Monarch Butterfly

"Monarchs & Milkweeds" by Shannon Beaumont (Ink & digital)

I still remember the monarch migration from when I was a little girl in central Missouri. When a small animal like a butterfly affects you like that as a child, it is a humble reminder that we as a species still belong to the cycle that encompasses all living things. As I aged, I always wondered why the butterfly migration numbers depleted then stopped. The combination of pesticides, farming and the destruction of their habitat is responsible. The re-introduction and protection of Milkweed is also vital to ensure the Monarchs have a place to breed and sustain their numbers.
— Shannon Beaumont

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Monarch butterflies are found globally, though the species is native to the Americas. They need warm temperatures to survive and the presence of milkweed to breed, so these factors limit the population distribution.

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Family life

Aggregating in groups that can reach tens of millions of individuals during the winter, they begin mating season before migration begins. Courtship begins in the air, with the male pursuing the female, and ends on the ground, where he transfers the spermatophore that may imbue the female with the needed energy resources to successfully reproduce and migrate. Eggs are deposited on milkweed plants and pupate after 14 days or so, depending on the temperature. Pupation lasts up to two weeks, at which point, out emerges a butterfly. This entire period of metamorphosis lasts just around 30 days.


A monarch butterfly will live for approximately six to eight months.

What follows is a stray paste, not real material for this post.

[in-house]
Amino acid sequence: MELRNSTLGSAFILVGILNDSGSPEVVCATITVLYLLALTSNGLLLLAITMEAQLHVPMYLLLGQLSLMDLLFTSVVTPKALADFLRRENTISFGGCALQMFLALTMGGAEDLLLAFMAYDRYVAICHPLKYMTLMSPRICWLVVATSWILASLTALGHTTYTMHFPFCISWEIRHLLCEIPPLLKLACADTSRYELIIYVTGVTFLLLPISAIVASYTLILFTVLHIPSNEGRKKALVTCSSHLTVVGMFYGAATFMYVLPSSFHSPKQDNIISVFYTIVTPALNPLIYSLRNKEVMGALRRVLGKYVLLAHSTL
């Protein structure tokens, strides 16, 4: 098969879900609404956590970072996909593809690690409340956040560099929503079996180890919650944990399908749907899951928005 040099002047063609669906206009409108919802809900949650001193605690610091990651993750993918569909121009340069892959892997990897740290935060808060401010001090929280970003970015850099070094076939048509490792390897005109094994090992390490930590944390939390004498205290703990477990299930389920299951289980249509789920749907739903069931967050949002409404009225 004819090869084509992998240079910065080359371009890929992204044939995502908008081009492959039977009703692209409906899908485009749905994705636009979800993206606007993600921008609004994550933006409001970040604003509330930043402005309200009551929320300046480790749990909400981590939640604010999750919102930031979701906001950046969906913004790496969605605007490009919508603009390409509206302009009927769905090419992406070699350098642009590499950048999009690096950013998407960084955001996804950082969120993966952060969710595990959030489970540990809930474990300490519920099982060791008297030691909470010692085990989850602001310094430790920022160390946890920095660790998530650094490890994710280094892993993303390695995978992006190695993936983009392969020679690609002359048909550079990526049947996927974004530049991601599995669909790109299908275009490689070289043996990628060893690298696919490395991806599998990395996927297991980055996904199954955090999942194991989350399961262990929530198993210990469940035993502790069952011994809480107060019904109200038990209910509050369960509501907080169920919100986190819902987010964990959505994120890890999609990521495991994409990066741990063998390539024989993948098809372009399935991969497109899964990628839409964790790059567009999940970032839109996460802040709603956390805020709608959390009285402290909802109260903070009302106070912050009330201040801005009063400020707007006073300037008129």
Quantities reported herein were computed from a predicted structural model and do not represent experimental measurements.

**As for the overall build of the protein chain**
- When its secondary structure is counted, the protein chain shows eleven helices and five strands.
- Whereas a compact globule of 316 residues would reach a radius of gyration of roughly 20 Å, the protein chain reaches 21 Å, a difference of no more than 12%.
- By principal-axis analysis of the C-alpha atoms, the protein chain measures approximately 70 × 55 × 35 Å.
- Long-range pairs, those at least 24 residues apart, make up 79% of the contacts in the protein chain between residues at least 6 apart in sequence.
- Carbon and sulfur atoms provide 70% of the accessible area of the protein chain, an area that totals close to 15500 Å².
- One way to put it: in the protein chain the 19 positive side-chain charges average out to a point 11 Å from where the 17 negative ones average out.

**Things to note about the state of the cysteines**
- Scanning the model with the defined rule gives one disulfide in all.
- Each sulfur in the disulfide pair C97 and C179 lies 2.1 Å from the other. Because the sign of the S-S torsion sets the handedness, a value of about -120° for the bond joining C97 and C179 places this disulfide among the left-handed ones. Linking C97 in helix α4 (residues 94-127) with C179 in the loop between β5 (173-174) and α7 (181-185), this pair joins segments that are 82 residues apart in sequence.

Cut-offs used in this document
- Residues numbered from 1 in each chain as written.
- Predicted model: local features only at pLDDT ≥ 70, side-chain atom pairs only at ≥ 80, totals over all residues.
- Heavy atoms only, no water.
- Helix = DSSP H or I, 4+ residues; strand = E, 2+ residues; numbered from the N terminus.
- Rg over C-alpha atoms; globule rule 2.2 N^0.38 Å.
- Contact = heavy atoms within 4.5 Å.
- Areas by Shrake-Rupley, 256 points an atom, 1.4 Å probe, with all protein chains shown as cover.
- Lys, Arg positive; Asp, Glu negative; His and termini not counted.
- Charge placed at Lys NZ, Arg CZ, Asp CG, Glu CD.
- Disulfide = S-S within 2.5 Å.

Hunting Habits/Diet

Monarch caterpillars feed almost exclusively on milkweed. Adults will seek nectar from milkweed as well, but also feeds off of other flowers.


Predictions potentially demonstrate a 50 percent chance that the migration pattern of the monarch butterfly will collapse in the next 20 years. Estimates of the current population continue to show significant decreases.

Fun Fact

Their name in Greek means “sleepy transformation”. The milkweed Monarch butterflies eat as caterpillars contain a poisonous toxin that is stored in their bodies, even as they make the transition from caterpillar to butterfly, rendering them unpalatable to predators. The monarch butterfly has a highly evolved migration pattern, individuals native to North America traveling distances between 1,200 and 2,800 miles.

Why are They Endangered?

The butterfly’s dramatic decline has been driven in large part by the widespread practice of planting genetically engineered crops which are resistant to herbicide, a potent killer of milkweed, the monarch caterpillar’s only food. Other threats to the monarch include habitat loss and climate change, which threatens to disrupt the monarch butterfly’s annual migration pattern, affecting weather conditions in both wintering and breeding grounds.


Under assessment 

Monarch emerging